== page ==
Alum Jennifer Stewart achieves her dream to open a sports vision training center
For competitive athletes, visual skills can make the difference between success and failure.
“I’ve had a number of hockey and lacrosse goalies who are 20/25,” says Jennifer Stewart, OD ’07. “Most optometrists would say your vision is fine, see you in a year. But for them, anything less than perfect could be significant in their playing career.”
Dr. Stewart is Chief Vision Officer and co-founder of Performance 20/20 in Stamford, Connecticut, a sports and performance vision training center. She and a team of trainers help athletes get that competitive edge by sharpening the visual system and cognitive skills. A partner at Norwalk Eye Care, Dr. Stewart launched Performance 20/20 as a separate business in 2017. This achievement was her dream come true—and one she began pursuing at NECO.
At Performance 20/20, athletes sweat it out in highly personalized training plans combining agility, coordination, focus, speed, and balance. They range in age from school-aged youth to college students and adults. Their sports run the gamut—hockey, baseball, basketball, football, soccer, tennis, volleyball, squash—you name it.
Dr. Stewart has gained a national reputation as a sports vision therapy expert, with an elite client list that includes pro athletes from the NHL, NFL, and NBA. Clients may come for general performance enhancement or to work on specific issues, such as a figure skater who has problems with left side turns, a baseball player who wants to improve his fastball, or a hockey goalie who needs faster coordination to stop an incoming puck at 90 mph.
The center uses standard vision therapy equipment and advanced technology, such as the Senaptec Sensory Station, which assesses 10 visual and sensorimotor skills. Athletes may train to improve hand-eye and body-eye coordination, tracking, focus, visual reaction time, depth perception, and peripheral vision. Their plans may also include corrective contact lenses and/or sports safety glasses, along with special exercises focused on their strengths and weaknesses.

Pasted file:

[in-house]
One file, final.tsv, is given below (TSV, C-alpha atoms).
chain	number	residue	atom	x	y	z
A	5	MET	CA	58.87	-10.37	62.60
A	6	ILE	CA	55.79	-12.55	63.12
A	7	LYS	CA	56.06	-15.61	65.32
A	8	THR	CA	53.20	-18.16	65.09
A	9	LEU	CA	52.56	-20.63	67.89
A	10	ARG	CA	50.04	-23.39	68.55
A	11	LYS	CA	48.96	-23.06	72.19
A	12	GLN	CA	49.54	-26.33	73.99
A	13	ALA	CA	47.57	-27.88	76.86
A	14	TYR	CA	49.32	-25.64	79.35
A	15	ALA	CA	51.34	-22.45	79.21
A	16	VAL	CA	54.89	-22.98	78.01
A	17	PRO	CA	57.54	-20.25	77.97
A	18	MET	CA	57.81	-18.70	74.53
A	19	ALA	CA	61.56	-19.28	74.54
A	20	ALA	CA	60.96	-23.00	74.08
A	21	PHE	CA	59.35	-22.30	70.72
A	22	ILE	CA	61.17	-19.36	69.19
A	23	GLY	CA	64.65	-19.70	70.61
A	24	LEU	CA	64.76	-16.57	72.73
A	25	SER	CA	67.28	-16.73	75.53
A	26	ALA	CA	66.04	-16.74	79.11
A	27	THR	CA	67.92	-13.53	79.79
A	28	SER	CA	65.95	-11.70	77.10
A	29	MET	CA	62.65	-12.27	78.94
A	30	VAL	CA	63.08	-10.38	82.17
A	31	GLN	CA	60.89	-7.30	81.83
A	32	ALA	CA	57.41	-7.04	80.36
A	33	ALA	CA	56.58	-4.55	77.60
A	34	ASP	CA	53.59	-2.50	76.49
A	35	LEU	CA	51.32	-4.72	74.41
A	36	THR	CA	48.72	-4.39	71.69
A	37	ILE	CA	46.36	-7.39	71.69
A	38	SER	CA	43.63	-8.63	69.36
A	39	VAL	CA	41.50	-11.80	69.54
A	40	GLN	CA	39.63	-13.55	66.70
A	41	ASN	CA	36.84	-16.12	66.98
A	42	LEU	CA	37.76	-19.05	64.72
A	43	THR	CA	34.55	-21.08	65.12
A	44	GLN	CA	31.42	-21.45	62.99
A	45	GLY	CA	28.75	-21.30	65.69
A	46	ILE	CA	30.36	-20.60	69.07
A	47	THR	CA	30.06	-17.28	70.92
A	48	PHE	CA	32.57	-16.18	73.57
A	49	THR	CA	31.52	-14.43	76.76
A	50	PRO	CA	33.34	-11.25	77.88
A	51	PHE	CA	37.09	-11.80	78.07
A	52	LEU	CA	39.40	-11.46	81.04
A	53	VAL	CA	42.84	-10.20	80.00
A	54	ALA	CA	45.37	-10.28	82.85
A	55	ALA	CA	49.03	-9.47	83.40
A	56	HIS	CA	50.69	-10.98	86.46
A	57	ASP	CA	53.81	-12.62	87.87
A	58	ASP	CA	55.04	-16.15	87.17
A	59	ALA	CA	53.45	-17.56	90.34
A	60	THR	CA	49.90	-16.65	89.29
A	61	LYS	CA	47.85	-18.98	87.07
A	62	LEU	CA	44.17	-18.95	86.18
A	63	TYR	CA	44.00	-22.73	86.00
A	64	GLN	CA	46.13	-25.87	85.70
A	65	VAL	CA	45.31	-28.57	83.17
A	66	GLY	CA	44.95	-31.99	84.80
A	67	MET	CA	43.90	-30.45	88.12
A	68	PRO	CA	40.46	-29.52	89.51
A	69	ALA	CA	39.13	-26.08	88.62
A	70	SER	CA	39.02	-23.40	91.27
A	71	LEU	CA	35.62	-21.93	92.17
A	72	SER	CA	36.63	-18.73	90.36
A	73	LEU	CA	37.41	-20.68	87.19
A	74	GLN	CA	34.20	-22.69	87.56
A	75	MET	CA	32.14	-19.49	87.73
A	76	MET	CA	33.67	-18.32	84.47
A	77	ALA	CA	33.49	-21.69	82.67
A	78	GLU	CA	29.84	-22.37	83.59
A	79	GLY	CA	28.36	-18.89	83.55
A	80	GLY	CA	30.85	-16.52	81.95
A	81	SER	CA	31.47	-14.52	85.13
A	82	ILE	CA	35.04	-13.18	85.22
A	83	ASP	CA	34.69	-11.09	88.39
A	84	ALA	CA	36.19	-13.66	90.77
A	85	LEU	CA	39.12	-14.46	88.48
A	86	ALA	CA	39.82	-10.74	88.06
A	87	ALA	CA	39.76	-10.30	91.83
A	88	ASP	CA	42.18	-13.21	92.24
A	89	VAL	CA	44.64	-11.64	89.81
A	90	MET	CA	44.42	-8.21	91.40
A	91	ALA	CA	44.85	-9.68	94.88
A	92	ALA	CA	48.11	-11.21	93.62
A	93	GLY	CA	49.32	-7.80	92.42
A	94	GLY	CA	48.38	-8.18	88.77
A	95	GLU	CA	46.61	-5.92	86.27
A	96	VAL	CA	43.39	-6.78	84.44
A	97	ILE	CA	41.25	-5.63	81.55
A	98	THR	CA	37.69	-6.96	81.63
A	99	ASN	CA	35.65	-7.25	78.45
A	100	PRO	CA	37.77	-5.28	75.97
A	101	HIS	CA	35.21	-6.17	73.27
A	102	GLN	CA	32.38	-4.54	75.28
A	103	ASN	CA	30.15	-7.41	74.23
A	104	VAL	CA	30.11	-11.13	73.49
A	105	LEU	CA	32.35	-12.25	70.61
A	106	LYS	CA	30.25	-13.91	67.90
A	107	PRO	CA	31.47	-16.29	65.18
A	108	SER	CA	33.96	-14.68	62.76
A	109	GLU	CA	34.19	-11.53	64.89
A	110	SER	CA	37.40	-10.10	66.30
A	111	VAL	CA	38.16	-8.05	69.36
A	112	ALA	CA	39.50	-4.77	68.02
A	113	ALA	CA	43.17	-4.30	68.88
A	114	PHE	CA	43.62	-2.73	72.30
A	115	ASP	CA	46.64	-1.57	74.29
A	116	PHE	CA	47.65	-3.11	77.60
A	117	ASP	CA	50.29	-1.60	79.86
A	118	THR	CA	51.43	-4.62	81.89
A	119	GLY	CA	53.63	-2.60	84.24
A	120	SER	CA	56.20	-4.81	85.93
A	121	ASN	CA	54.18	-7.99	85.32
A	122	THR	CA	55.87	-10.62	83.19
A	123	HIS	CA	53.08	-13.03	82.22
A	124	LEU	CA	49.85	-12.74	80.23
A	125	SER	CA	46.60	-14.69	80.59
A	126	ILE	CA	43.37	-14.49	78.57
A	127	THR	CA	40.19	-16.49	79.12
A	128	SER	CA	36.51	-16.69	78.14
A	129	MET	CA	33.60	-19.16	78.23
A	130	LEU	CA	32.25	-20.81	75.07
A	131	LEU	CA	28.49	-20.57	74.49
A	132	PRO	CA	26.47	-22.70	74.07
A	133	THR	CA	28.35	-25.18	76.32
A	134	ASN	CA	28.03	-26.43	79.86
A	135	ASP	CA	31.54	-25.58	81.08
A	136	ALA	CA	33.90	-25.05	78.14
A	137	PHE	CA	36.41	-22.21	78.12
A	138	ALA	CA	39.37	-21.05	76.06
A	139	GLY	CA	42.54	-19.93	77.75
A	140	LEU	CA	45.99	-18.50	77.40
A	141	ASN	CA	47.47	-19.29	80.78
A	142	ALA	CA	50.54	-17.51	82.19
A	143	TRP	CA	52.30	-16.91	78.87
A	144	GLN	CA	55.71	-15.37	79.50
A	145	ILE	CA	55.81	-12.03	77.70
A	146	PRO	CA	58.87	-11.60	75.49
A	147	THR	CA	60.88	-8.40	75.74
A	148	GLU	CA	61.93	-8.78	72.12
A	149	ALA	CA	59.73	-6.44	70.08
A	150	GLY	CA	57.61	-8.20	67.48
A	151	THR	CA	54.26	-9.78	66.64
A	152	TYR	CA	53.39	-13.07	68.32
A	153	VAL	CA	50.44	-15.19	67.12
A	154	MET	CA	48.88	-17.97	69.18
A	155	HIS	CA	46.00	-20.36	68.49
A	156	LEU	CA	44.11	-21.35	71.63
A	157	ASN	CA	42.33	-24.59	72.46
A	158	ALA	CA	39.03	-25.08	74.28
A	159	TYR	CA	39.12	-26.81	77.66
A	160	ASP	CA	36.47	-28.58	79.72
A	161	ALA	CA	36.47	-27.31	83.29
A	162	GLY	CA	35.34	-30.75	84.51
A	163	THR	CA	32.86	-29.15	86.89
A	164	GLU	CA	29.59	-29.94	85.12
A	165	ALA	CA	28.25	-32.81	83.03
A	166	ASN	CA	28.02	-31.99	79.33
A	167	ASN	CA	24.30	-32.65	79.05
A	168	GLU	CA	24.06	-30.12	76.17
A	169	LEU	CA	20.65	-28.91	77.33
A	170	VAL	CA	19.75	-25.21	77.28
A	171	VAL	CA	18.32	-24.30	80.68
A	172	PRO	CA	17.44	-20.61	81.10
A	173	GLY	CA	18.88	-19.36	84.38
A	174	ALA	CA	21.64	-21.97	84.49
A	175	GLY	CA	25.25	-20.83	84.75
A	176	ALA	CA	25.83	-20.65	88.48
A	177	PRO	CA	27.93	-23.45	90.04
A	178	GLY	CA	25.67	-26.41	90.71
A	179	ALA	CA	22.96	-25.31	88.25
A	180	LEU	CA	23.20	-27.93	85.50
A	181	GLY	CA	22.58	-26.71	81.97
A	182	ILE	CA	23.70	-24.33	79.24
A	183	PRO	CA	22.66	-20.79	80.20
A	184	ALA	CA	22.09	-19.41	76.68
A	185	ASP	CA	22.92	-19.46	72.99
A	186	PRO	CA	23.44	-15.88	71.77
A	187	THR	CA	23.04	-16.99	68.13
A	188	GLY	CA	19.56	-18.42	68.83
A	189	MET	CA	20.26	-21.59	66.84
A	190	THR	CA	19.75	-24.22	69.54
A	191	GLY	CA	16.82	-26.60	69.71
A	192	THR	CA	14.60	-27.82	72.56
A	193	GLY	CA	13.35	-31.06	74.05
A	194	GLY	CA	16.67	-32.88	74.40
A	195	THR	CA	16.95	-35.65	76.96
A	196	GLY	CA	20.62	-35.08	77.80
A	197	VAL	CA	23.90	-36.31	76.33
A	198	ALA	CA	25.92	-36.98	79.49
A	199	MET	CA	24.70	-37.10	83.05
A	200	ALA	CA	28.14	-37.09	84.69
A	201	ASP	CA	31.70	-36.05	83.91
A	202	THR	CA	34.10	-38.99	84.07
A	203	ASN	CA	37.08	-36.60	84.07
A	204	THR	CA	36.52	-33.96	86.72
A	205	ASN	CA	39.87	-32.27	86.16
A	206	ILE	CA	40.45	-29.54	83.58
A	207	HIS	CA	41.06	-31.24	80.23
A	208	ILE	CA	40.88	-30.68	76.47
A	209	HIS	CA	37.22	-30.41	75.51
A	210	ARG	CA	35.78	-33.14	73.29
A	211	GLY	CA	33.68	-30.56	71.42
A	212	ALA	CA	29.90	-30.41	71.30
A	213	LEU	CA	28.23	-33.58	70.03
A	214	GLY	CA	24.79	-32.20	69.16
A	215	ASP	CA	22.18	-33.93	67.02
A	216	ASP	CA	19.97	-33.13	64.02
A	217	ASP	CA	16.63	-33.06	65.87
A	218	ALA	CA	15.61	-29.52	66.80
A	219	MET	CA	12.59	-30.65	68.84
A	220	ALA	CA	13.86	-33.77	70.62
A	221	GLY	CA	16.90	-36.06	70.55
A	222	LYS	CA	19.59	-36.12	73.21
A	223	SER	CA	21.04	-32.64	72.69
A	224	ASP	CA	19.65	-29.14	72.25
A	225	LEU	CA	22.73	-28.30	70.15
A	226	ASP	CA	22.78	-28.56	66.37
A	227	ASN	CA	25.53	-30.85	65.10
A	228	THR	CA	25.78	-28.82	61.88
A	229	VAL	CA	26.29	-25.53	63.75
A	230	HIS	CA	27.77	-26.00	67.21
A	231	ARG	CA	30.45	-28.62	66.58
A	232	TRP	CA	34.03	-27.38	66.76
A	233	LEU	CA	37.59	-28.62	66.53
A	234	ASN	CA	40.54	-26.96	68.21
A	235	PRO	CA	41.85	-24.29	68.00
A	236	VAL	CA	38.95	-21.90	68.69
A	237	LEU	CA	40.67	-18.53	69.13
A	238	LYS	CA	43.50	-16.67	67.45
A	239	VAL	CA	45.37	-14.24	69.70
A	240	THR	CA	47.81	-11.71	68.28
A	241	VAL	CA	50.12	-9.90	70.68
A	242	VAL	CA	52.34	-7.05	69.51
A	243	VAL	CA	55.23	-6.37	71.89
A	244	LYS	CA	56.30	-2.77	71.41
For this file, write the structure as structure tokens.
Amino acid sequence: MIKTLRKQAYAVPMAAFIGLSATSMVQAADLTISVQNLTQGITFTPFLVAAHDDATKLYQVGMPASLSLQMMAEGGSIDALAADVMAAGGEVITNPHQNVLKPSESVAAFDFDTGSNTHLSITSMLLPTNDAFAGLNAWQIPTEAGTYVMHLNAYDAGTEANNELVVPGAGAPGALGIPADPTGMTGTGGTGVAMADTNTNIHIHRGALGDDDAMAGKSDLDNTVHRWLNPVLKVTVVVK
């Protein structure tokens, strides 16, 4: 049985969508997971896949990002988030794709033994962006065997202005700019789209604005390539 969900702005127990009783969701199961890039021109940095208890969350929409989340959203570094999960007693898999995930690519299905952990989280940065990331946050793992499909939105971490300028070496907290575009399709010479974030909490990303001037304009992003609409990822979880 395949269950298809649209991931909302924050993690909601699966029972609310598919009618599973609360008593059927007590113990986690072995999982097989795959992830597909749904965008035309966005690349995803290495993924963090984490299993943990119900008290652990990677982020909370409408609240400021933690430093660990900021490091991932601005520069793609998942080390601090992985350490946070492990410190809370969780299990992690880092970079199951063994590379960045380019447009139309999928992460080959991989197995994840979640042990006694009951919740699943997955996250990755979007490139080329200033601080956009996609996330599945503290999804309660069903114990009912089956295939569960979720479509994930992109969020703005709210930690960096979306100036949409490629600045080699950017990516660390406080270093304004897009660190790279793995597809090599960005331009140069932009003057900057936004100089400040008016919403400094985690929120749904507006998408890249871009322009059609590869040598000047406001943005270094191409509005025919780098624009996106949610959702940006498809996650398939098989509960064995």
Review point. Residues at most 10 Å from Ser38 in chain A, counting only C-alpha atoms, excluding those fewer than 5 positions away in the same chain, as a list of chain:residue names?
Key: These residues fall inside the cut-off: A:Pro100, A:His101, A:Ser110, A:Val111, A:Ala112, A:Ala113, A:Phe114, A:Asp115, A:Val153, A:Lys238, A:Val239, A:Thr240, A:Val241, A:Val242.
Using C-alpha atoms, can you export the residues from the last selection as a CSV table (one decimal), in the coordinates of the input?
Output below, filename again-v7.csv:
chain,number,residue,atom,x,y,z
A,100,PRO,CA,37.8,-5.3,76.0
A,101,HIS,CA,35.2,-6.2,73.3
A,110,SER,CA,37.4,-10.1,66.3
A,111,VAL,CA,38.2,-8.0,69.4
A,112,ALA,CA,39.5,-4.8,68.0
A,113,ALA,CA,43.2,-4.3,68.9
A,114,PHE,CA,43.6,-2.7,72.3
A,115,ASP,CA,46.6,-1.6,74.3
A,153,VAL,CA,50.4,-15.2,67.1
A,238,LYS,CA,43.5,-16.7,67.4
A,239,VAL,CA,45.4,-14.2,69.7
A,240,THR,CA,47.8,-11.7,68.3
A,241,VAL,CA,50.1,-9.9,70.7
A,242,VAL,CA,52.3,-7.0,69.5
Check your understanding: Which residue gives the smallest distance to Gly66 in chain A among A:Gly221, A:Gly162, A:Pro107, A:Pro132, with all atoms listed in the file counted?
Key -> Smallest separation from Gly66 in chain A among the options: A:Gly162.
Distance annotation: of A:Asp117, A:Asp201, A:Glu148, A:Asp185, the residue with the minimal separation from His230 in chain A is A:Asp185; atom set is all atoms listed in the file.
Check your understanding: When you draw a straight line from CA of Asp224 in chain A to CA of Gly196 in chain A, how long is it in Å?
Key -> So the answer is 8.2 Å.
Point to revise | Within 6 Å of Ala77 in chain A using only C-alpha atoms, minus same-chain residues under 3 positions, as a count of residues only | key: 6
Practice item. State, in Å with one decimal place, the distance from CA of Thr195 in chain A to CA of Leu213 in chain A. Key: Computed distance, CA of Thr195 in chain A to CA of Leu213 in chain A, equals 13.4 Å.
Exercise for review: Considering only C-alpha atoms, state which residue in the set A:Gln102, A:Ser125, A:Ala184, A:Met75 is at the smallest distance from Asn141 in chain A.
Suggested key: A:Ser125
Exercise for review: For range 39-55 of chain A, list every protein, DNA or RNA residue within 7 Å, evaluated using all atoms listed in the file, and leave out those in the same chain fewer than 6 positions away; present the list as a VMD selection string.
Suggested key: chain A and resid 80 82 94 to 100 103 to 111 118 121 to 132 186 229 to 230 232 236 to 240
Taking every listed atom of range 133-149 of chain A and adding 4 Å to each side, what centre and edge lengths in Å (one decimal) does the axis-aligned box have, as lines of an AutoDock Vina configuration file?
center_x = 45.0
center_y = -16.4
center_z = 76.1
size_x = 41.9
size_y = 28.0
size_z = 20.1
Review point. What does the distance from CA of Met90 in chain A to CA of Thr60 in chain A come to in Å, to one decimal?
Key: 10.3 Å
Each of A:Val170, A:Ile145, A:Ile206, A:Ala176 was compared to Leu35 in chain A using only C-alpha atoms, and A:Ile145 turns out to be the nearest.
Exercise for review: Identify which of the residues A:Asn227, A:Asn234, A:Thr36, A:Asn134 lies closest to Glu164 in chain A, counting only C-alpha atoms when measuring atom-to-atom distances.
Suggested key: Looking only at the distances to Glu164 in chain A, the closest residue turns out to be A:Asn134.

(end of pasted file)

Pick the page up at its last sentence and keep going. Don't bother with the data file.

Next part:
“My job is not only to help these athletes be better performers, but also to make sure that they’re as safe as possible when they walk out on that field,” Dr. Stewart says. “And that includes making sure they’re wearing proper eyewear, proper safety eyewear, and seeing well.” Clients report not only improved performance in their sports, but some do better in their studies as well.
“I’ve been an athlete my whole life,” says Dr. Stewart, a Division 1 track and field athlete in college who has also competed in triathlons and marathons. “When I decided to become an optometrist, I wanted to find a way to combine my love of sports and athletics with a career.”
While at NECO, a family friend put Dr. Stewart in touch with sports vision pioneer Don Teig, OD, who served as an informal mentor. Dr. Stewart then rallied other students and founded the NECO Performance Vision Club, which remains active to this day.
Since then, Dr. Stewart has received the Theia Award for Innovation by Women in Optometry in 2019 for her work in sports and performance vision. She was also named to the Advisory Board for the International Sports Vision Association (ISVA).
Dr. Stewart credits the spirit of innovation and camaraderie at NECO for launching her on her career path. “The day that I graduated, I felt so confident to step into patient care and so prepared for the world,” she says. “The friendships I made, the education I had, the community that the school builds are nothing short of incredible. I’m unbelievably proud to be an alumnus of New England College of Optometry.”